As the country’s economic problems mount, towns and cities have been hit by an outbreak of looting and violence
Amid desperate food shortages Venezuelans are picking up new survival skills.
On the night of 9 January, for example, a hungry mob took just 30 minutes to pick clean a grocery store in the eastern city of Puerto Ordaz. By the time owner Luis Felipe Anatael arrived at the bodega he’d opened five months earlier, the looters had hauled away everything from cold cuts to ketchup to the cash registers.
“It makes you want to cry,” said Anatael in a telephone interview. “I think we are headed for chaos.”
Evidence for his prediction can be found in towns and cities across Venezuela that have been hit by an outbreak of looting and mob violence. Angry about empty supermarket shelves and soaring prices, some people are breaking into warehouses, ransacking food trucks and invading outlying farms.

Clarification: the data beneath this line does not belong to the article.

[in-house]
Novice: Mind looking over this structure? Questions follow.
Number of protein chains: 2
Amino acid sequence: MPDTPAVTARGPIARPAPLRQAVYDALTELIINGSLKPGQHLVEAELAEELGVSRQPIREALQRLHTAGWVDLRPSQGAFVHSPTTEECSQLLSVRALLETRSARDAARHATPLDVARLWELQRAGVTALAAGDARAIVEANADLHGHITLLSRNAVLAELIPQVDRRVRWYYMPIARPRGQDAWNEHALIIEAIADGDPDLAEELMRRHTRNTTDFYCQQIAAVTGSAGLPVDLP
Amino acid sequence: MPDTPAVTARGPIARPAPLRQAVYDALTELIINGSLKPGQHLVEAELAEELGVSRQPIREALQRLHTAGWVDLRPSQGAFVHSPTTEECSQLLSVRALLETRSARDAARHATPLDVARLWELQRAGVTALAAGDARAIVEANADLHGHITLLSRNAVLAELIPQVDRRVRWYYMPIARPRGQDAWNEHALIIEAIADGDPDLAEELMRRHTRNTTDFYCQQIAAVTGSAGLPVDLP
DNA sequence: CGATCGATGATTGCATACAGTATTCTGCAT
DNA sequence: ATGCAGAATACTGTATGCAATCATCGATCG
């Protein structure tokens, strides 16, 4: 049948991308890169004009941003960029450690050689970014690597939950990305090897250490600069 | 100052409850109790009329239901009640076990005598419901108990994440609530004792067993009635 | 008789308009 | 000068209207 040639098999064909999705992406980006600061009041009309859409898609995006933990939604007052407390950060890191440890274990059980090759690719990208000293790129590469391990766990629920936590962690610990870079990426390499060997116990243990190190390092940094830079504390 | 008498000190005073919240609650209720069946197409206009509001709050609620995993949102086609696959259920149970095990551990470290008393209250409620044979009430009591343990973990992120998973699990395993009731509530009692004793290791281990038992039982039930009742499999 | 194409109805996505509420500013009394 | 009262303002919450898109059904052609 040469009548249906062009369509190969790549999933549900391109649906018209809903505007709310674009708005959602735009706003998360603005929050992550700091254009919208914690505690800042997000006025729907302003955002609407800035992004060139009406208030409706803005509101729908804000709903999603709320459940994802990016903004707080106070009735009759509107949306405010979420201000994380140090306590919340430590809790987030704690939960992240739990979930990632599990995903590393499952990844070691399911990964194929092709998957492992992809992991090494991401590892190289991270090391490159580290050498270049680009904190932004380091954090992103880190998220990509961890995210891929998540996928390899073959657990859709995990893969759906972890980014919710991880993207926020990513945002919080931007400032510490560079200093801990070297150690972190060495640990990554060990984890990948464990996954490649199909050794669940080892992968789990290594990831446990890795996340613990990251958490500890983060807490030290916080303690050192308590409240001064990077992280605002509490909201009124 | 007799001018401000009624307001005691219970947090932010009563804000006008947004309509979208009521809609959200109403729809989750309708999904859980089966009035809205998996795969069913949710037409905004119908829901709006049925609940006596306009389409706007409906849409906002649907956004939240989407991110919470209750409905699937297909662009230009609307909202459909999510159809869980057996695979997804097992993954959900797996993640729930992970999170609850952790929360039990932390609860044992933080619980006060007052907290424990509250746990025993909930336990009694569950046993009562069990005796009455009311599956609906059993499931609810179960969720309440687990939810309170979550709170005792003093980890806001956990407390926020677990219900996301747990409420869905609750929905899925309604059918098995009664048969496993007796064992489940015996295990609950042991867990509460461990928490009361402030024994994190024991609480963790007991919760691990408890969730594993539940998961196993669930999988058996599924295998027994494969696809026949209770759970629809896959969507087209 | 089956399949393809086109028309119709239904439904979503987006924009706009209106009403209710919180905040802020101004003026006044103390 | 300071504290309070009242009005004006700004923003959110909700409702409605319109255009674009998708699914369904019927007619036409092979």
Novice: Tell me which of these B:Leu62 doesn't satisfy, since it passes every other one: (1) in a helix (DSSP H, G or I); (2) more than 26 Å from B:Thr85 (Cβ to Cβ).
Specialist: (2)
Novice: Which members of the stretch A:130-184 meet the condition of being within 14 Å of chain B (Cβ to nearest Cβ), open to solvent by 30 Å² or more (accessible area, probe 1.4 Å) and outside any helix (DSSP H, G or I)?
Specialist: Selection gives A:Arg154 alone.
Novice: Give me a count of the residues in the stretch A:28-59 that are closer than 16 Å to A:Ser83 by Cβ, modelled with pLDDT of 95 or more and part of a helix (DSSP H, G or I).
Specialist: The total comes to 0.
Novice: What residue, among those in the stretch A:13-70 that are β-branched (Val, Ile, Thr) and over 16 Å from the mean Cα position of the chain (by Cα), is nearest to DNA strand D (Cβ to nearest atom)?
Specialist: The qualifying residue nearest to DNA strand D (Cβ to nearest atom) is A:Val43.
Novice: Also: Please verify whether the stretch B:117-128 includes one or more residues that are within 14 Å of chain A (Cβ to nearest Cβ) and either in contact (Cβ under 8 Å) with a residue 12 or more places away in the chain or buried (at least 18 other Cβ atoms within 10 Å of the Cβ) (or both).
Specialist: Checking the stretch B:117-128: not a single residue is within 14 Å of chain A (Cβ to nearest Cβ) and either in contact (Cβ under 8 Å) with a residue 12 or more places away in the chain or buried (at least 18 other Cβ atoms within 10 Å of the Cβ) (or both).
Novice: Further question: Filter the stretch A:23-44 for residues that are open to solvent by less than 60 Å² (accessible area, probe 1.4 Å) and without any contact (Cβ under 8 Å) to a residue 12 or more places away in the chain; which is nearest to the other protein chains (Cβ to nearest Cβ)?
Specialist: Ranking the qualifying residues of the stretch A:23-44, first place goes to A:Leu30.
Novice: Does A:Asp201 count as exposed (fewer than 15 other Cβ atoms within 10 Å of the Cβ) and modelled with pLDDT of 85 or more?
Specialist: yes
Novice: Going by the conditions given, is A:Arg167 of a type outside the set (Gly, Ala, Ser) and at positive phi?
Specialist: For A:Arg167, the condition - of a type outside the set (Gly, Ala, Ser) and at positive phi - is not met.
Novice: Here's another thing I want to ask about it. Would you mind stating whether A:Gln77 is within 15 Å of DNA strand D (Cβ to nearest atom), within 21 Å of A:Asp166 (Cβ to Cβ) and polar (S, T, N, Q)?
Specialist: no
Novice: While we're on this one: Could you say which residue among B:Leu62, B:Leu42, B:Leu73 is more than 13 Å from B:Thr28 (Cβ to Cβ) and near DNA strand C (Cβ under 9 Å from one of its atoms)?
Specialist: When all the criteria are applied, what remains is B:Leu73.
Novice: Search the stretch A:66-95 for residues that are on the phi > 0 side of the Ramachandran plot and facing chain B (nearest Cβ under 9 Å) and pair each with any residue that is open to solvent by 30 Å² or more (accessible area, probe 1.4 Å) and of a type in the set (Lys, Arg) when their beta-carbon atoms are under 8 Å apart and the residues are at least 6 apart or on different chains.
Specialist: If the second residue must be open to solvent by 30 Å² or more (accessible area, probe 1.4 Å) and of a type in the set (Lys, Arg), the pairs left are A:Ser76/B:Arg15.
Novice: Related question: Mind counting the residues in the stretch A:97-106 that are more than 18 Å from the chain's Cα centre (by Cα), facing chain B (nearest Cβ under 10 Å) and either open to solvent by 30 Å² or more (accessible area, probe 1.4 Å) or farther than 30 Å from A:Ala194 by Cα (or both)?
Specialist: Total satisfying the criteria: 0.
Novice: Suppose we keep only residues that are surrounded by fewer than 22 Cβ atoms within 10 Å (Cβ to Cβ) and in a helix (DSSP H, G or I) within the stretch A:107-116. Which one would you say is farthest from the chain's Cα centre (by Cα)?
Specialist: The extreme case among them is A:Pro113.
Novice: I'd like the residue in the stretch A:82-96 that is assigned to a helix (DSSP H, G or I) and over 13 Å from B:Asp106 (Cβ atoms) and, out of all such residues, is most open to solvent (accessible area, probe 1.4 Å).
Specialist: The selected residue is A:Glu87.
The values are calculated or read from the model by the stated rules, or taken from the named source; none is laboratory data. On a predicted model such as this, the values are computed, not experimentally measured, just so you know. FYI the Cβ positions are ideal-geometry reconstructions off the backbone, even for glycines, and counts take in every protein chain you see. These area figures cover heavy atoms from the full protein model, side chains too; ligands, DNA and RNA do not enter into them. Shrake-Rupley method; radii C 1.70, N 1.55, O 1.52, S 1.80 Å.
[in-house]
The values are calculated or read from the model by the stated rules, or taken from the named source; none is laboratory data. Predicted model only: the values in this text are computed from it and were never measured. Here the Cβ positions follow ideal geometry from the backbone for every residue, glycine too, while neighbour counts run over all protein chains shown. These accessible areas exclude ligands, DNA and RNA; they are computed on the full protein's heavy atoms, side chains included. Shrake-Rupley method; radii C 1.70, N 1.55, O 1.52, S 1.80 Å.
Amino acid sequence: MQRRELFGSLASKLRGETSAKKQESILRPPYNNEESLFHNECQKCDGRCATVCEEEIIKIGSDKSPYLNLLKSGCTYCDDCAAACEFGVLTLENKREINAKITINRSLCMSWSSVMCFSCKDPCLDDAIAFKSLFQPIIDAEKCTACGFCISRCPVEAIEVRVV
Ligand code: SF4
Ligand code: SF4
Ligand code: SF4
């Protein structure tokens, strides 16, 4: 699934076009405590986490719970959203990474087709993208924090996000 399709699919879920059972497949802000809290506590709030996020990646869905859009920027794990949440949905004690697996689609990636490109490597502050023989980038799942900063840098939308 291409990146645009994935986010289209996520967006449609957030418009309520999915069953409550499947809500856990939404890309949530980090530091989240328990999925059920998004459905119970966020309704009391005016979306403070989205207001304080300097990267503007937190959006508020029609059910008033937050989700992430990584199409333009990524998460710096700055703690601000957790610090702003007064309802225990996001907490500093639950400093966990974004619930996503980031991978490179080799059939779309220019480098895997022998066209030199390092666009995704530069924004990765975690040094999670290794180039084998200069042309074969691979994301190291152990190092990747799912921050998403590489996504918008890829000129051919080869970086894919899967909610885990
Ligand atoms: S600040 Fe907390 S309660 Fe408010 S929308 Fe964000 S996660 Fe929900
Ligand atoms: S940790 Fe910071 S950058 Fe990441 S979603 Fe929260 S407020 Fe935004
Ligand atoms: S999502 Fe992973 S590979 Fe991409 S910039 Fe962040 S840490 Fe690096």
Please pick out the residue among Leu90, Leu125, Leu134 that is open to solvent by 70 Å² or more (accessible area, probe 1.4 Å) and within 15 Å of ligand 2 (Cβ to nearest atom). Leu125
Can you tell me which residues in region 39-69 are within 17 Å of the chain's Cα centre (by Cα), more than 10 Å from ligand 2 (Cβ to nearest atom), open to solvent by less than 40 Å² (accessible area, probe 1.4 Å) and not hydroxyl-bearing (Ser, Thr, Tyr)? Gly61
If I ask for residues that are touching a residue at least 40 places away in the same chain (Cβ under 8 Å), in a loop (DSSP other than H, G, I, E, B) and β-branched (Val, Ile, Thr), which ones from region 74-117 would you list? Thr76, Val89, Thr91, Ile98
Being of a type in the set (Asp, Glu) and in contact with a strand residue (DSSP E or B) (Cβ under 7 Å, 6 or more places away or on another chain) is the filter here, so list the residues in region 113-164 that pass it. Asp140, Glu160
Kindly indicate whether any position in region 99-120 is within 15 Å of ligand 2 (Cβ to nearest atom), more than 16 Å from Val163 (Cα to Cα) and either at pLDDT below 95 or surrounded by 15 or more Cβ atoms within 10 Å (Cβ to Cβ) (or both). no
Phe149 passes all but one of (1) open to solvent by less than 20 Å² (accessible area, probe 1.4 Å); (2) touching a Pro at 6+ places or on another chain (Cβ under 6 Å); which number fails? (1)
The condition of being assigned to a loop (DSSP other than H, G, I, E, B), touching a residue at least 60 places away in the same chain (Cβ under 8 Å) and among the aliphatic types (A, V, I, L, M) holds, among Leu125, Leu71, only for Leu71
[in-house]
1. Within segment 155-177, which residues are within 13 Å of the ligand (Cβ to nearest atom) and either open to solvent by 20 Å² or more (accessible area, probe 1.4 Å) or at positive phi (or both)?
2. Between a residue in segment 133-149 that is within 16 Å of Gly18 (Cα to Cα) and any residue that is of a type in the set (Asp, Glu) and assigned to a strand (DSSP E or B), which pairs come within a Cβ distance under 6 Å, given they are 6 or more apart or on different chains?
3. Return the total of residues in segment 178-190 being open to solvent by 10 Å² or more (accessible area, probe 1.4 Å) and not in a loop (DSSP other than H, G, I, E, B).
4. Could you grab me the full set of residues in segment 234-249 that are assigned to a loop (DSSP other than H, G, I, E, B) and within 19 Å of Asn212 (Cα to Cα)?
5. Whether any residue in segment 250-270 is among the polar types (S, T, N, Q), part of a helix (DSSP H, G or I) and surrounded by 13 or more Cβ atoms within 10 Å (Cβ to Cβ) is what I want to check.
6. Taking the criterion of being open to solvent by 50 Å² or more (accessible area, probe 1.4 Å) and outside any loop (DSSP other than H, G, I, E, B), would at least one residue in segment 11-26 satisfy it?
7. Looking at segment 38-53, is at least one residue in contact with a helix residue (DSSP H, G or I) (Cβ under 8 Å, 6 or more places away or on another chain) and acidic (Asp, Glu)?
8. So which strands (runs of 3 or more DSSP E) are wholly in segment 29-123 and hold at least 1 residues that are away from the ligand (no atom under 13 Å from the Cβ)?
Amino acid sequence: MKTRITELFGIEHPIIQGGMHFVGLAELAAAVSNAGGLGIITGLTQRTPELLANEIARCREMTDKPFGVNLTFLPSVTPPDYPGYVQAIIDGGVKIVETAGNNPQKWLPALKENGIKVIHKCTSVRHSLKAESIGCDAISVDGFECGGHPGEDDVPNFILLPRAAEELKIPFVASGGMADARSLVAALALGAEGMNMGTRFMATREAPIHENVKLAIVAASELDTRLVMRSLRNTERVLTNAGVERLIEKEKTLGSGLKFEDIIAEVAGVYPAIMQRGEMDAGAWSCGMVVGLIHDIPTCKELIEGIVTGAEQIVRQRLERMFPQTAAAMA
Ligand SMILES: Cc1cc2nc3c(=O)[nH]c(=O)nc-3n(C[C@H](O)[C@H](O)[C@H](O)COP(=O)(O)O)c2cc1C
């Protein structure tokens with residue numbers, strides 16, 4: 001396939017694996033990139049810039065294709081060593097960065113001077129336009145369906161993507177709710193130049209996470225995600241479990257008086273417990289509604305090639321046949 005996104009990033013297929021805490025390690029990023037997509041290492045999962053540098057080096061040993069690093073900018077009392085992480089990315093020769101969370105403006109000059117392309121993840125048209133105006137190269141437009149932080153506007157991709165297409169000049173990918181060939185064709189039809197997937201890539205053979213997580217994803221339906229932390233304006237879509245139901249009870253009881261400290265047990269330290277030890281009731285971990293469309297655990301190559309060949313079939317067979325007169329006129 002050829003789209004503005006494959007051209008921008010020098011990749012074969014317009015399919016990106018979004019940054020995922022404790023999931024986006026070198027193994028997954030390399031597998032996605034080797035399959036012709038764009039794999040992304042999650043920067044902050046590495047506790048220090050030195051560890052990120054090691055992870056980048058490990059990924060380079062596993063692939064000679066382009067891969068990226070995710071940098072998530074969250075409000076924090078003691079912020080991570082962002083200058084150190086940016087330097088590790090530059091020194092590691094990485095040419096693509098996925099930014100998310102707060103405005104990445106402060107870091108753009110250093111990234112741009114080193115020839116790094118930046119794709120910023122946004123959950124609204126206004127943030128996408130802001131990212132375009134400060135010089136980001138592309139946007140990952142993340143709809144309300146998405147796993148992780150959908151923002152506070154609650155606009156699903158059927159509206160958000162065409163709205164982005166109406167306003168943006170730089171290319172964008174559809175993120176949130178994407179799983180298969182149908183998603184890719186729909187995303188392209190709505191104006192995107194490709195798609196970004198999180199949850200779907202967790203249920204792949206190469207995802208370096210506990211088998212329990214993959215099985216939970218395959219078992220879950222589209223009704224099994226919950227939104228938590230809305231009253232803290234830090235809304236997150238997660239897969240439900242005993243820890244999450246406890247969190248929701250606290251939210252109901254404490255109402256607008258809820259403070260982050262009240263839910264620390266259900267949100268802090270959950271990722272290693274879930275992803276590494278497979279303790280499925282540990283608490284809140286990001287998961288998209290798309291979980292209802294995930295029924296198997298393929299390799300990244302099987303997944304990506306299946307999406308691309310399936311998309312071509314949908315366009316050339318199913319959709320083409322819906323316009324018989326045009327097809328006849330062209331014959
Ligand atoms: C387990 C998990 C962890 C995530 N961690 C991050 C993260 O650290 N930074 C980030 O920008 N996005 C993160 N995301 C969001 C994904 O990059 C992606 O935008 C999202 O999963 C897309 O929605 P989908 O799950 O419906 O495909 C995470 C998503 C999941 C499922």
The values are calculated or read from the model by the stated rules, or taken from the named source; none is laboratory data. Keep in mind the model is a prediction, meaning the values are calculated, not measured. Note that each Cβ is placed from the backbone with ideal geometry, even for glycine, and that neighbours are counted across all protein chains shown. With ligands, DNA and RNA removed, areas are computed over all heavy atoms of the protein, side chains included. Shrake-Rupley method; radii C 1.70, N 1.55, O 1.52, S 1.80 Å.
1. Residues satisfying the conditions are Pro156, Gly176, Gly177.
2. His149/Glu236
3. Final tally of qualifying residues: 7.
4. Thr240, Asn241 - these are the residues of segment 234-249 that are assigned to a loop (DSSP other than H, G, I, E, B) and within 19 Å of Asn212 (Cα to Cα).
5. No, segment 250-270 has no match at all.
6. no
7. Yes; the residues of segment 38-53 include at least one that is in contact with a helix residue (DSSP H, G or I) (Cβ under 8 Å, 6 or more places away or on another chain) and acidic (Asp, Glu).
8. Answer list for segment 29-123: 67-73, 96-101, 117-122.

During the first 11 days of January the Venezuelan Observatory for Social Conflict, a Caracas rights group, recorded 107 episodes of looting and several deaths in 19 of Venezuela’s 23 states.